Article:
© 2015 Shmoop University, Inc. All rights reserved.

CHECK OUT SHMOOP'S FREE STUDY TOOLS:

Essay Lab | Math Shack | Videos

The Canterbury Tales: General Prologue & Frame Story

The Canterbury Tales: General Prologue & Frame Story

by

Geoffrey Chaucer

 Table of Contents

CHECK OUT SHMOOP'S FREE STUDY TOOLS:

Essay Lab | Math Shack | Videos

The Canterbury Tales: General Prologue & Frame Story Wealth Quotes

How we cite our quotes: Citations follow this format: (Line). We used the line numbering found on Librarius's online edition.

Quote #1

His resons [the Merchant] spak ful solempnely,
Souninge always th'encrees of his winning
.
(General Prologue 274 – 275)

Usually when someone gives "resons," it's in the context of a philosophical debate. But the Merchant's mind is on one thing and one thing only: money. We get the impression that his conversation is a bit monotonous!

Quote #2

But al be that he was a philosophre,
Yet hadde [the Clerk]but litel gold in cofre
.
(General Prologue 297 – 298)

Two things could be happening here: 1) This could be an ironic joke playing upon the fact that then, as now, we don't really expect someone who studies obscure topics for a living to have a whole bunch of money. 2) "Philosophre" actually means alchemist, someone who transforms base metals into gold.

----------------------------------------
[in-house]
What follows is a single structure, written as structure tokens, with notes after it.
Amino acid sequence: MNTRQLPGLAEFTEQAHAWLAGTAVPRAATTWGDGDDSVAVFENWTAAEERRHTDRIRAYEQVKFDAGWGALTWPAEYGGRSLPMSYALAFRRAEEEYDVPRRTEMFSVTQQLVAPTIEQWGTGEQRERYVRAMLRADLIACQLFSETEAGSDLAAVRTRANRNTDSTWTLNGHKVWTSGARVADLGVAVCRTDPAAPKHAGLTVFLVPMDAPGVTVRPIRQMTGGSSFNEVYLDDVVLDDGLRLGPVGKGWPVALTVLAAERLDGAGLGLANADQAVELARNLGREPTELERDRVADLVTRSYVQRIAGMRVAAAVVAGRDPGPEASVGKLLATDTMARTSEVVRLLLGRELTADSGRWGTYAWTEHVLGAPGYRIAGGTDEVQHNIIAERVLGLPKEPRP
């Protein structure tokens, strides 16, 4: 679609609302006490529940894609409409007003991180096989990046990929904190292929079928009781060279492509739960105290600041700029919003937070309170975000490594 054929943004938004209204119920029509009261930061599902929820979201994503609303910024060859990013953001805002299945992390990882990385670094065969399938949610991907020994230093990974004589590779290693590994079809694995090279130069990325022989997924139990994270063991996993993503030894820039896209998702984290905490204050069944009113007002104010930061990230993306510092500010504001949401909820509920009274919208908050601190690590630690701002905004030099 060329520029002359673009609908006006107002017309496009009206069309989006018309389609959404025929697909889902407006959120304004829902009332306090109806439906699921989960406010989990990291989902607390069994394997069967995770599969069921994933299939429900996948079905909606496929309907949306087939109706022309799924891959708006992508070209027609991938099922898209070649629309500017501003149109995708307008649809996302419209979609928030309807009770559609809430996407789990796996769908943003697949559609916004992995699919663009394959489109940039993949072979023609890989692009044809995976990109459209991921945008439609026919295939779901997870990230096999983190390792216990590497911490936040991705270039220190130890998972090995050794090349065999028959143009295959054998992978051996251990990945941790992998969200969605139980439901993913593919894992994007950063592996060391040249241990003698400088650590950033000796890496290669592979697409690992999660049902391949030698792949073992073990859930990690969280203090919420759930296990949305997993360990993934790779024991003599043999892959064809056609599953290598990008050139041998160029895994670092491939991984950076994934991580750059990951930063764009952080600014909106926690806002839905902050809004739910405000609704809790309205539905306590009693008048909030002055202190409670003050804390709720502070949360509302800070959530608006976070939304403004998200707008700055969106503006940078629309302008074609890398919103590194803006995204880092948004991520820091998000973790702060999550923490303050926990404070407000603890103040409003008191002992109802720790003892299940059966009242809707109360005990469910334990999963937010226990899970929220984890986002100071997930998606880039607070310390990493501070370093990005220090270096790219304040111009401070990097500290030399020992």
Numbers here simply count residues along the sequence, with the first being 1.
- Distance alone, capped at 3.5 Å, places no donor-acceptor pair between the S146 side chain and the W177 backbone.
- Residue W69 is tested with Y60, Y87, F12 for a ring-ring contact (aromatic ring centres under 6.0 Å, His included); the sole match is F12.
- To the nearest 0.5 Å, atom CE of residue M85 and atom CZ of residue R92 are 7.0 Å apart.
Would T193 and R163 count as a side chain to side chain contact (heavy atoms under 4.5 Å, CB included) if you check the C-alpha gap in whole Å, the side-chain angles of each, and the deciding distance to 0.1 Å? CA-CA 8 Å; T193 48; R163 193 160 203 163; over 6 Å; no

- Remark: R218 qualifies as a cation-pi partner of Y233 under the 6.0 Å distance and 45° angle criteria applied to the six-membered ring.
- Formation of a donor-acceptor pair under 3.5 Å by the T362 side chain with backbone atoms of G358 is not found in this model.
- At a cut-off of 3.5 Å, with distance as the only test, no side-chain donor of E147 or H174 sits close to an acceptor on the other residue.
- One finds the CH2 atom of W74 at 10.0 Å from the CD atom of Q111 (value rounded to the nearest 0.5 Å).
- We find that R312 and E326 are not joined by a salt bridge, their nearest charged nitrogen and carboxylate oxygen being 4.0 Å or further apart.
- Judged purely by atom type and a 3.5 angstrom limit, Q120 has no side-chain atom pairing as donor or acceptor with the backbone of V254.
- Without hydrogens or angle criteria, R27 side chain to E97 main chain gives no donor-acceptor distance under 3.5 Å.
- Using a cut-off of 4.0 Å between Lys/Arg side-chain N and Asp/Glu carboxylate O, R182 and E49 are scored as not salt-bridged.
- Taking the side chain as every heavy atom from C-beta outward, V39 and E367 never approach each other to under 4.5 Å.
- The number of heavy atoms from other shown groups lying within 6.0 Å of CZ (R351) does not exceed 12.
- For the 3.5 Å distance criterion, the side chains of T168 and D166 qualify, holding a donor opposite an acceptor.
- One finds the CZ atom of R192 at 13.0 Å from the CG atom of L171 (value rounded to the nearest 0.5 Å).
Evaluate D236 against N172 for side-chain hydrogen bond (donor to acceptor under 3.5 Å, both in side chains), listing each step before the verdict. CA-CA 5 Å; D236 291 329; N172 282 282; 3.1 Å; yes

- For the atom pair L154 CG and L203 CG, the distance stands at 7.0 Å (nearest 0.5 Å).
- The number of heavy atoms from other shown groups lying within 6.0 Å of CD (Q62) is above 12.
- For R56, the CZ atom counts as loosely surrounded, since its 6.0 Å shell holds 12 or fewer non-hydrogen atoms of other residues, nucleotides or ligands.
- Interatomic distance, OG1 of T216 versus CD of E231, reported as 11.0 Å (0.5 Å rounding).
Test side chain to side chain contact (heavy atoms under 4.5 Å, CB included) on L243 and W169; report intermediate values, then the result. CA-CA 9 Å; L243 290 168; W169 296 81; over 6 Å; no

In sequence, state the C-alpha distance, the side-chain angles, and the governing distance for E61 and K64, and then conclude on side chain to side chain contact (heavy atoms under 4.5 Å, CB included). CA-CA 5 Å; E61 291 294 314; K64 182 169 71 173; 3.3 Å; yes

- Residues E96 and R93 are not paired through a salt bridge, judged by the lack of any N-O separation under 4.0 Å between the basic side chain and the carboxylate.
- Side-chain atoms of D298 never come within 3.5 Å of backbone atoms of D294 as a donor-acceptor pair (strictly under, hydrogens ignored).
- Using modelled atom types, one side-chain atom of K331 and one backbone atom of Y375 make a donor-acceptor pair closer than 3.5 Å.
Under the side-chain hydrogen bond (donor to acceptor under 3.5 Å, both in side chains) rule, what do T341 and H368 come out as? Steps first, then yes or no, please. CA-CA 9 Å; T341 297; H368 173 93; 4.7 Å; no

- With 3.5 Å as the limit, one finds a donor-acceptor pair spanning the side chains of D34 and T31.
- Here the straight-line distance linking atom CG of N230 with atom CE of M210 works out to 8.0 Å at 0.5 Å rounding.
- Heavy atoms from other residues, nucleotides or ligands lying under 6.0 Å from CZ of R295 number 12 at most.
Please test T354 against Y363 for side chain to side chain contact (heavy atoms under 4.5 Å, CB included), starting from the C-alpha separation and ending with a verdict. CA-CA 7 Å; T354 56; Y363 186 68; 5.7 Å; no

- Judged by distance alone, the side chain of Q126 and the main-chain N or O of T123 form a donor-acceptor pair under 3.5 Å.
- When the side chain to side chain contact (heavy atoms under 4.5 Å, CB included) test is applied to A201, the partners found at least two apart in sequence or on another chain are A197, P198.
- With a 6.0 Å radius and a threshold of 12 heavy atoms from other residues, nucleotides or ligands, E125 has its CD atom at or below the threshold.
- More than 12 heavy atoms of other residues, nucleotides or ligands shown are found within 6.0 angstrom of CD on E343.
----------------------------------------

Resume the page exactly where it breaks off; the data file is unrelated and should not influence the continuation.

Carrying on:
Quote #3

So greet a purchasour was nowher noon:
al was fee simple to [the Sergeant of the Law] in effect
.
(General Prologue 318 – 319)

The Sergeant of the Law's financial success has allowed him to avoid something that, for medieval people, was a moral failing: debt. All the Sergeant of the Law's land is "fee simple," or purchased free and clear with ready money.

People who Shmooped this also Shmooped...

Advertisement
Noodle's College Search
Noodle's College Search
Advertisement
Advertisement
Advertisement